Considering that the 13 nm RMW is only less than 25% smaller than the climatological RMW, and the environmental pressure is somewhat higher than normal, but not drastically higher, 5 kt was added to the pressure-wind relationship, which yields 112 kt. This is a situation where retaining the original HURDAT, whether it said 110 or 115 kt would be most appropriate. Additionally, the damage reports are more consistent with a Category 3 hurricane. Since HURDAT originally lists as a 110 kt Category 3, and since there is not evidence to indicate it is more likely to have been a Category 4 than a 3, the 110 kt intensity is HURDAT is retained, keeping this as a Category 3 for southeast Florida.
1933 Storm #13:
After decoding the Bermuda ship reports, the latitudes on 9/13-9/14 are revised by as much as 0.5 degrees north of the previously analyzed positions due to a 978 mb pressure observation at 21Z on 13 September. Before decoding the Bermuda ship reports located in the binder, there were no pressures below 1000 mb on the 13th or 14th. Now that there is a 978 mb pressure, a more accurate placement of the position is possible.
1. If the Monthly Weather Review Statement that the center of the hurricane passed just west of Hatteras is incorrect, that should be stated somewhere in the metadata summary.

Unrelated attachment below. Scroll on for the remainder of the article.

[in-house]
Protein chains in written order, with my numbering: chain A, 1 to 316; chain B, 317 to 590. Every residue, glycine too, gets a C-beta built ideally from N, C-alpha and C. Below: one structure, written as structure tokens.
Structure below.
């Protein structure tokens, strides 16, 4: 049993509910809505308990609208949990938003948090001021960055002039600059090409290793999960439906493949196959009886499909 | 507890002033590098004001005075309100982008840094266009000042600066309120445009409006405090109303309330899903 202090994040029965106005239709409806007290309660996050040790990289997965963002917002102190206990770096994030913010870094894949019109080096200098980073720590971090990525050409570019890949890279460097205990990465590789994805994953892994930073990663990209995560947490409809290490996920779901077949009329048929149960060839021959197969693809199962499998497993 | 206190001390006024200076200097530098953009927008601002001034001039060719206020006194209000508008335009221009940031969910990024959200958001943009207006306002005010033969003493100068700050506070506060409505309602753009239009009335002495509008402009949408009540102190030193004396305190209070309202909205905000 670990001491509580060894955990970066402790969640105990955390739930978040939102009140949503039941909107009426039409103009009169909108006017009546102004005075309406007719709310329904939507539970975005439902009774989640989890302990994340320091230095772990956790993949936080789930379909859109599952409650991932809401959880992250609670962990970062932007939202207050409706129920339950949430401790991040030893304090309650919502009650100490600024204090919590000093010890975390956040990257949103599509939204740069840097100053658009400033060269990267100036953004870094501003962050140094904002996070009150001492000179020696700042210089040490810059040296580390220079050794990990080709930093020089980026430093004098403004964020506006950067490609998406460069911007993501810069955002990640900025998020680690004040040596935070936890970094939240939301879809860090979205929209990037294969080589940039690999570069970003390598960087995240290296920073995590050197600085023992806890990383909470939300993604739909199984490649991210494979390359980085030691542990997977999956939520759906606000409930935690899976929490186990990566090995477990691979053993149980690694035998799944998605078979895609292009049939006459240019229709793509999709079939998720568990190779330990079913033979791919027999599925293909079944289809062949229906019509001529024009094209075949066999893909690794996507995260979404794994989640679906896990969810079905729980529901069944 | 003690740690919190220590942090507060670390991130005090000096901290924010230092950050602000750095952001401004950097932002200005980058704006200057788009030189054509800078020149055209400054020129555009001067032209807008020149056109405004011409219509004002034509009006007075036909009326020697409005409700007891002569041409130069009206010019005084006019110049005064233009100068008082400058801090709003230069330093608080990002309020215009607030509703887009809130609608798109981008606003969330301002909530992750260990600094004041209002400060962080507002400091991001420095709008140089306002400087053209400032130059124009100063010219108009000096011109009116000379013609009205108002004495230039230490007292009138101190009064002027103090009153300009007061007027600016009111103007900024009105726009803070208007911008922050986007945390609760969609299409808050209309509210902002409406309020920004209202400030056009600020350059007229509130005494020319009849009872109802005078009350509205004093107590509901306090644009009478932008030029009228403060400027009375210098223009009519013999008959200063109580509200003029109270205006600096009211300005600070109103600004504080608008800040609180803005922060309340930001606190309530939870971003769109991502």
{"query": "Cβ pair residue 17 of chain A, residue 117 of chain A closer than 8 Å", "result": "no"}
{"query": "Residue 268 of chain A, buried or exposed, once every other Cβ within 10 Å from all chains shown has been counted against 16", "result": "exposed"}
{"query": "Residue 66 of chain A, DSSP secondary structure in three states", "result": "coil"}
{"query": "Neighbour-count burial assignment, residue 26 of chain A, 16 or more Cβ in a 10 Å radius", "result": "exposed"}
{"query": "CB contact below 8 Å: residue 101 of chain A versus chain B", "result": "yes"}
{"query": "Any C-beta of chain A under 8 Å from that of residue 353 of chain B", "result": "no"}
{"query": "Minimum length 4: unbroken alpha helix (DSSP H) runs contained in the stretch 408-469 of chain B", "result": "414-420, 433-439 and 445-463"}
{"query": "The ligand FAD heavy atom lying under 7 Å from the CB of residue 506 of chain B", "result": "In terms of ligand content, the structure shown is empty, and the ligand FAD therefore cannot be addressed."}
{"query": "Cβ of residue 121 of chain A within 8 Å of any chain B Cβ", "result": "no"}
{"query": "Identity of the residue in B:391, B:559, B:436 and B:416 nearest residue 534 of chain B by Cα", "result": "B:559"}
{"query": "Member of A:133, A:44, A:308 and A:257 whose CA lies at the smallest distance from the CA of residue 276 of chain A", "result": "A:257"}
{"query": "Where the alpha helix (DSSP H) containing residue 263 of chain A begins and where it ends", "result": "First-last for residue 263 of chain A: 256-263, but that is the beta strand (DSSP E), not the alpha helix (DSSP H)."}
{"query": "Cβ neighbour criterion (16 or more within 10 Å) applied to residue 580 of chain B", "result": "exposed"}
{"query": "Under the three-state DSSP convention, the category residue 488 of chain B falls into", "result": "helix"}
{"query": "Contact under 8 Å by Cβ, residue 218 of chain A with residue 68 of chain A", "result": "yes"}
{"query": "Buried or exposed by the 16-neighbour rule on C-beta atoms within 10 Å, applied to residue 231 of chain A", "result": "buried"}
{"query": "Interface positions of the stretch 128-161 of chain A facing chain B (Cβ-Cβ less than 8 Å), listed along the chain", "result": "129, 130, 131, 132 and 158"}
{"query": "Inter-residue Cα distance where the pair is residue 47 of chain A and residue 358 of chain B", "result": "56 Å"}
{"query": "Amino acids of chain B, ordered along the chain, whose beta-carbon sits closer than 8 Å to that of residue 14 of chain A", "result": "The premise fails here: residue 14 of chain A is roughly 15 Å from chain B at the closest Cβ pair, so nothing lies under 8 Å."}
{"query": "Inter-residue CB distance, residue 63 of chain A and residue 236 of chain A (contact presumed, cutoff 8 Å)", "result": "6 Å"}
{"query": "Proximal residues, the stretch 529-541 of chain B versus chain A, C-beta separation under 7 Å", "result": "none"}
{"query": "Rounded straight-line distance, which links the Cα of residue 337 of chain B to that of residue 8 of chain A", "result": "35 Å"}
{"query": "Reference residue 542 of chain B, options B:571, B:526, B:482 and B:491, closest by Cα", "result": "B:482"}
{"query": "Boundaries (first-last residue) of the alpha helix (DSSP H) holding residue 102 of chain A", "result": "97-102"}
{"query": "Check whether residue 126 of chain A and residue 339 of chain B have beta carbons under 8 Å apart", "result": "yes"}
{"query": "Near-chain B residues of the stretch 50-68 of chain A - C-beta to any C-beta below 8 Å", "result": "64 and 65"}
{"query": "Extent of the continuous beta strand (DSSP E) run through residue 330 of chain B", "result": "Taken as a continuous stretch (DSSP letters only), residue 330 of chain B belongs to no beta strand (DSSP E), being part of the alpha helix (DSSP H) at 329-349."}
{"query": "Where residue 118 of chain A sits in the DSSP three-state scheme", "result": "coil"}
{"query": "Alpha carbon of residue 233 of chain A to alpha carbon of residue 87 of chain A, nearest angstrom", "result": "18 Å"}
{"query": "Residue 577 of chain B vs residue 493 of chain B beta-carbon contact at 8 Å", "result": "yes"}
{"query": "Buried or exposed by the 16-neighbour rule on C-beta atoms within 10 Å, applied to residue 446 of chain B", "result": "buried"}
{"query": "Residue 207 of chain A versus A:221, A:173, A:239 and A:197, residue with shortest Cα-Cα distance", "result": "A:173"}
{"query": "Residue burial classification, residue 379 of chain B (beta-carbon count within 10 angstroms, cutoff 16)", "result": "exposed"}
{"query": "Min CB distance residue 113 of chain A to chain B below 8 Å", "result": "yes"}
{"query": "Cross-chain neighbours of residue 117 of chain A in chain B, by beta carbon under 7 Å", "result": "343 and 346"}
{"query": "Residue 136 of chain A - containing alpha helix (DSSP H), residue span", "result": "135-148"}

Done. According to the all of the numerous available observations of wind and pressure, it clearly passed east of Cape Hatteras. There is no data that offers a contradictory solution. One possible explanation for why numerous sources had the track of this hurricane passing west of Cape Hatteras could be because of the account that this hurricane was the worst ever experienced in the Morehead City/New Bern area up until that time. However, upon further inspection of the commentary, a meteorologist noted that most of the damage caused there was due to the storm surge rather than the winds. Given the revised track, and the shape of the coastline in that area, this makes perfect sense because the easterly winds north of the cyclone would have driven a high storm surge onto land in those places likely peaking around 06Z on the 16th.
2. What is the basis for specifically stating that winds of 90 kt affected the North Carolina coast? What data or damage supports this value? (Also see points 2 and 3.)